Leeds United in Myanmar: Andrea Radrizzani 'never reconsidered' controversial trip

Myanmar fans watch Leeds United friendly
A estimated crowd of over 20,000 watched the match between Myanmar National League All Stars and Leeds United

Leeds United owner Andrea Radrizzani says he did not reconsider the decision to take the club on a controversial post-season trip to Myanmar, despite criticism from the city's MPs.

MPs Rachel Reeves, Hilary Benn, Richard Burgon, Fabian Hamilton and Alex Sobel said it was "deeply inappropriate".

United began their tour on Wednesday, losing 2-1 to the hosts' National League All Stars in Yangon.

"I'm not interested in playing politics," Radrizzani told the BBC.

"I'm honest with myself and I'm honest to everyone that we are not doing anything bad.

"I think the majority of Leeds United fans understand that and are supportive of the project.

"A few making noise on Twitter cannot change the majority of those who are silent."

The trip continues to divide opinion because of the treatment of Myanmar's Rohingya Muslim minority.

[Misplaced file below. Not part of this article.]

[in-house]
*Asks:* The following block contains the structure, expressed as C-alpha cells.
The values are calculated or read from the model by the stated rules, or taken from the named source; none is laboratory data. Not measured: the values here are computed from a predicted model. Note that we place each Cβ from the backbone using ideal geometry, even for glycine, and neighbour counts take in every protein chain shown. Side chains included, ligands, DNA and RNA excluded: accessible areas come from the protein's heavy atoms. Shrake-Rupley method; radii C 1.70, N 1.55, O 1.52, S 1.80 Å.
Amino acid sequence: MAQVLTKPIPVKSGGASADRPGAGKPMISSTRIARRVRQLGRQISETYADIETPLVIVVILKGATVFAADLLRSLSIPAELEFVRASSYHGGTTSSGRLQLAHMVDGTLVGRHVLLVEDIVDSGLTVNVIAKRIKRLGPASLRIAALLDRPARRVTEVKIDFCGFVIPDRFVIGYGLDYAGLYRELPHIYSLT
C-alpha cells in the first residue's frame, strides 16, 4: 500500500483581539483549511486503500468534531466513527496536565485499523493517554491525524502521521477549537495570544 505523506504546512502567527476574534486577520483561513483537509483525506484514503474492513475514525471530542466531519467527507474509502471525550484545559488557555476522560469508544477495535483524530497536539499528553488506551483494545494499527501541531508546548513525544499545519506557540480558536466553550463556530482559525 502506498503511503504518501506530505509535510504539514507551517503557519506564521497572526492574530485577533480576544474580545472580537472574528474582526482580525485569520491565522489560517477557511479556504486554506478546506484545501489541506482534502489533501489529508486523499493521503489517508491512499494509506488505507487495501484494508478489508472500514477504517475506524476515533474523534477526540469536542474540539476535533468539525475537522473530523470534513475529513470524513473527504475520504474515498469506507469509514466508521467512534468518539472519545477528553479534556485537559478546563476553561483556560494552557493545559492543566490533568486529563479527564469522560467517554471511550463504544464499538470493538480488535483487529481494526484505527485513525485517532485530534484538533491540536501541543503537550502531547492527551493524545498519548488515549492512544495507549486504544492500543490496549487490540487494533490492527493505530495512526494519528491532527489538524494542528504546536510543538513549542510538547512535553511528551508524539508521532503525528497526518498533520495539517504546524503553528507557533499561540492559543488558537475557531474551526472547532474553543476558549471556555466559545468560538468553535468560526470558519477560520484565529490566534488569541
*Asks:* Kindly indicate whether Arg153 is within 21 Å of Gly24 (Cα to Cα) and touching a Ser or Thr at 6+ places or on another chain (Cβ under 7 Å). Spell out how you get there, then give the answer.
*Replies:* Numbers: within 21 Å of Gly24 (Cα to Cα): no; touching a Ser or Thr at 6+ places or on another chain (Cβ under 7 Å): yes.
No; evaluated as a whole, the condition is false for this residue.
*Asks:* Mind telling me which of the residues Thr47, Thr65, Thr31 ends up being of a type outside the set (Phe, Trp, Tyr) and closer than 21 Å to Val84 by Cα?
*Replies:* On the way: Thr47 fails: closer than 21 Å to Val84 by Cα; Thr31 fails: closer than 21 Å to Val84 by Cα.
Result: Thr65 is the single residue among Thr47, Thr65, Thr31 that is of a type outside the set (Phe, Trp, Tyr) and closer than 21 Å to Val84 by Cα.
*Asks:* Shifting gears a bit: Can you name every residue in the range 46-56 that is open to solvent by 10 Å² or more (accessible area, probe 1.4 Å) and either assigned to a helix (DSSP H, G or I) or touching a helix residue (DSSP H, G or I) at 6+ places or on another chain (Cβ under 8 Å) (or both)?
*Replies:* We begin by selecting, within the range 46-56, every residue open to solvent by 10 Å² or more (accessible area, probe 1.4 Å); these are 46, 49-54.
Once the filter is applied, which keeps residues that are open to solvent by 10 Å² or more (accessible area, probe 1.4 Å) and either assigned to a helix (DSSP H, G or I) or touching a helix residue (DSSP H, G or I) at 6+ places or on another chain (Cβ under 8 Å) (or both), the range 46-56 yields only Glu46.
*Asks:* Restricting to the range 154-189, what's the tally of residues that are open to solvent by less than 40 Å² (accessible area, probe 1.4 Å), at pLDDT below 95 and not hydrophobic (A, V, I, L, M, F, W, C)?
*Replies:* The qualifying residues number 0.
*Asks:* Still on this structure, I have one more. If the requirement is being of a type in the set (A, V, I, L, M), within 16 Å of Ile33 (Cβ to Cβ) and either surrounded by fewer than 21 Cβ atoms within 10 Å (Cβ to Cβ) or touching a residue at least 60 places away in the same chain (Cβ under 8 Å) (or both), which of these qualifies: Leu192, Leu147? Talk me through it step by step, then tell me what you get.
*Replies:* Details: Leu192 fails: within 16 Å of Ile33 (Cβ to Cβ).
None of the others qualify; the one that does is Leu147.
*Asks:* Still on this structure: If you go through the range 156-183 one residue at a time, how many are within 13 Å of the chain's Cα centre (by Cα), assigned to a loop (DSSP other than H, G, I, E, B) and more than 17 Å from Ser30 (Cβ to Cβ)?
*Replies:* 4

Nearly 700,000 of the Rohingya minority have fled the country since August because of ongoing military operations in Rakhine.

Myanmar's government, which does not give the Rohingya citizenship and sees them as illegal immigrants from Bangladesh, says it is fighting militants and has denied targeting civilians.

The United Nations described the issues in the northern Rakhine province as a "textbook example of ethnic cleansing".

"I'm against persecution - not only in Myanmar but in every country in the world. I'm against any kind of violence," Radrizzani said.

The Italian businessman, who took full control of Leeds United in May 2017, said he had not expressed these views to his hosts.

"I'm not a politician. Those who raise this issue should take care of this problem, not me," he added.

"We are just here to play football and hopefully bring some joy to the fans who came here to watch this friendly game."

Shadow sports minister Dr Rosena Allin-Khan called the trip "morally corrupt", while it has also been claimed Radrizzani was putting his financial interests before the Yorkshire club's reputation.

Radrizzani, who runs sports broadcasting company Eleven Sports, denied any money was being made from the trip.

However, he conceded he wants to do more business in Myanmar in the future, with Eleven Sports already having Asian broadcasting deals in Singapore and Taiwan.

"I have different interests and I have a good relationship with the president of the federation," he said.

"I have nothing to hide. I do my job and my business how I want to.

"If other people want to buy a football club and run it differently to me then fine. I'm happy and proud our club is here."

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